PR as Part of the Modern Marketing Mix – Part 2

This is the second part of the article discussing PR as a necessity to a modern marketing mix. Name recognition and visibility are keys to growing your business and public relations is one of the best ways to make your company more visible. Did you know Public Relations can even help your SEO/SEM results? To read Part 1, click HERE

Part 2

Different combinations of vehicles can help you accomplish different things. Depending on your goals and your budget, you may want to use some vehicles more often, some less often, and some not at all. Below are continued descriptions of vehicles, uses, and outcomes. See which ones are best suited for your business.

Media Training

Now that you’ve chosen your spokesperson, you must get started on media training right away.  This should include identifying and memorizing the company’s key message points, preparing the speaker for awkward questions, and teaching repetition and bridging techniques to ensure your spokesperson stays focused on the key message points.  Ideally, your messages will be included, verbatim, in the interviewer’s article.  Many PR firms have media training capabilities that include video and audio recording to prepare for broadcast interviews.  One thing to remember about media training is that you want to limit yourself to between three and five message points and be sure to stick with them.  Editors won’t remember more than that.  To be most effective, the message points should be phrased as benefits or differentiators and repeated as often as possible.

Reporter Briefings

Face-to-face briefings are a great way to build company recognition and trust with the media.  Your spokesperson can tell reporters “the story behind the story,” demonstrate the product or service your company provides, and comment on current topics within your industry.  Use your meetings to develop long-term relationships with editors, rather than a one-time pitch and run.

Briefings can be scheduled while your media relations team is making calls on behalf of your latest news.  Editors are seldom able to leave the newsroom, so offer to stop by their offices during lunch, or just after deadlines close, with food.  Since time is limited, don’t waste it.  Take a media kit, your strongest messages, and solid insight into the writer’s beat for best results.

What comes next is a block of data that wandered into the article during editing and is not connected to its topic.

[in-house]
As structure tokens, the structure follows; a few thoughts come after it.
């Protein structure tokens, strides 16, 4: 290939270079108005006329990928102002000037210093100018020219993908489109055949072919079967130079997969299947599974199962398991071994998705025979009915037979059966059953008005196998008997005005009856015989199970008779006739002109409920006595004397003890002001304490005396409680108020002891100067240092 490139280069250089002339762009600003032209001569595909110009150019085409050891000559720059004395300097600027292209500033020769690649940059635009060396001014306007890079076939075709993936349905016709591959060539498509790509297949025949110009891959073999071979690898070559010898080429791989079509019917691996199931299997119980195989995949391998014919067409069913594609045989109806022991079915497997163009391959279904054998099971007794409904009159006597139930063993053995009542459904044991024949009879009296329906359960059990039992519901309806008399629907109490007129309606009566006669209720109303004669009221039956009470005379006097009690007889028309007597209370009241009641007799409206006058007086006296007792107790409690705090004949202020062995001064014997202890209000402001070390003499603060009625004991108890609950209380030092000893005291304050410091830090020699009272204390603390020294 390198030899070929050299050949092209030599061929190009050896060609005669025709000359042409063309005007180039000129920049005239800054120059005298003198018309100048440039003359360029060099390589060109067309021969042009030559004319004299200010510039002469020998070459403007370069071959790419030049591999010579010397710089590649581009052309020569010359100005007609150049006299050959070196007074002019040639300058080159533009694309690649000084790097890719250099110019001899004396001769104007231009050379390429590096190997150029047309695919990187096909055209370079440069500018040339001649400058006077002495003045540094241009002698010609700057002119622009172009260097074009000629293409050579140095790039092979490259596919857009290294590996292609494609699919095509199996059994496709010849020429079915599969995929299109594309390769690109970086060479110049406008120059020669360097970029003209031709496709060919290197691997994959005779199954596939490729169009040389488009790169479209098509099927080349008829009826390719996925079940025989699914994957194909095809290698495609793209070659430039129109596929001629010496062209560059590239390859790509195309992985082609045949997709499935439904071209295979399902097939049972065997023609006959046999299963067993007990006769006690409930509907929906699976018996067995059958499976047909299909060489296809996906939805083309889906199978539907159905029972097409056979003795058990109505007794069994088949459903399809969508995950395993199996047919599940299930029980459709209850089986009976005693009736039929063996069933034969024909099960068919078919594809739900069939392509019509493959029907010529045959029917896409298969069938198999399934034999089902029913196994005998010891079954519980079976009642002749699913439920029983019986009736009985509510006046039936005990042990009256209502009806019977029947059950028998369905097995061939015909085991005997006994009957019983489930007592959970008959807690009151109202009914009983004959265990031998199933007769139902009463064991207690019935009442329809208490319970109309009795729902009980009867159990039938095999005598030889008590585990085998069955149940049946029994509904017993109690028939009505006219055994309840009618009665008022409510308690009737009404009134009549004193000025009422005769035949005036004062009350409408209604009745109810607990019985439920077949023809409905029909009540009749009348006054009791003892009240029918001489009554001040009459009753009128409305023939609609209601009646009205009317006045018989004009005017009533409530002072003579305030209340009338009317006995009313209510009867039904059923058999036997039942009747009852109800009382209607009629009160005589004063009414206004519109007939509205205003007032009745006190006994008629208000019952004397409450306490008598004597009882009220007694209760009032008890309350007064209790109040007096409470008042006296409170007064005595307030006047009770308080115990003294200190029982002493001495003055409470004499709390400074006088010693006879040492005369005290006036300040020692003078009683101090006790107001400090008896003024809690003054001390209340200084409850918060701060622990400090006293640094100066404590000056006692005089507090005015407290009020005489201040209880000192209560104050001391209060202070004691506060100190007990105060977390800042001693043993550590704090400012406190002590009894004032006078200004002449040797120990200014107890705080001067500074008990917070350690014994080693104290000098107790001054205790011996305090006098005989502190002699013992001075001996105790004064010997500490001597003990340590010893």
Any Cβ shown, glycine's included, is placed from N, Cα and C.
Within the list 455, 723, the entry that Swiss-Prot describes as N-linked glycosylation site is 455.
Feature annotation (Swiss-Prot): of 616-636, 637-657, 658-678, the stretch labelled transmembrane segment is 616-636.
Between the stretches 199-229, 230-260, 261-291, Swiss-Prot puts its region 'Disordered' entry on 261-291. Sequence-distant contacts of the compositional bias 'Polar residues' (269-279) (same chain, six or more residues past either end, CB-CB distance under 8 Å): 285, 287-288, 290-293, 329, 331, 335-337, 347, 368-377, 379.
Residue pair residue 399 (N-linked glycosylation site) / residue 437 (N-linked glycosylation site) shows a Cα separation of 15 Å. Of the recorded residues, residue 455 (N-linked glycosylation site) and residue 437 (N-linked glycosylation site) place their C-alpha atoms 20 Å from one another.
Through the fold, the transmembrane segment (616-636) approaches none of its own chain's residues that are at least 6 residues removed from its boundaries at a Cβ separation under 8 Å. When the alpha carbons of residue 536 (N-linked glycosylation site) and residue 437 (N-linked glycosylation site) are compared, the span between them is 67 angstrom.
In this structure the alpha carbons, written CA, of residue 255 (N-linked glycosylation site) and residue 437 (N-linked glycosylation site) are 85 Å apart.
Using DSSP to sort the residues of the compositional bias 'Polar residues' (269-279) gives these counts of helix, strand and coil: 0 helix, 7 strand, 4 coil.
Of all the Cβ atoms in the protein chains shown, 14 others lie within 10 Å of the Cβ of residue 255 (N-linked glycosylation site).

Speaking Engagements

Arranging for experts in your company to speak at industry conferences, tradeshows, association meetings, seminars, or other forums allows direct contact with those decision-makers within your peer, customer, and vertical market groups.  But remember that these are not self-promotional excursions.  You really want to make sure that you’re speaking to the audience and giving them information they can use, not merely plugging your product or service.  Address the needs of the audience with relevant information.


If you’ve decided to make a large financial and time commitment by exhibiting at a tradeshow, break through the clutter of all those competitors by pre-briefing attending editors with your announcements before the show.  This not only gets you more attention; it actually causes editors to specifically search for your booth.  Save some information for the show itself, however, so you have a reason to meet with the press again.  You should also leave your briefing materials in pressrooms, information kiosks and post them online through the organizer of the show.

Case Histories

Effective case histories are stories written in a “problem, solution, result” format, showing your target audience how customers benefited from using your product or service.  By showing how your company solved a real-life customer problem, you not only add credibility to your message, you also help editors flesh out stories by providing them additional sources.  Make sure you get approval before you use one of your customers as a reference.  Also, try to get them on board with the message points you most want to stress.  It’s great publicity for their company too, so it’s a two-way street.  You can get a lot of mileage from case histories: Your sales people can take them on calls or pitches, and you can include them in your advertising campaign.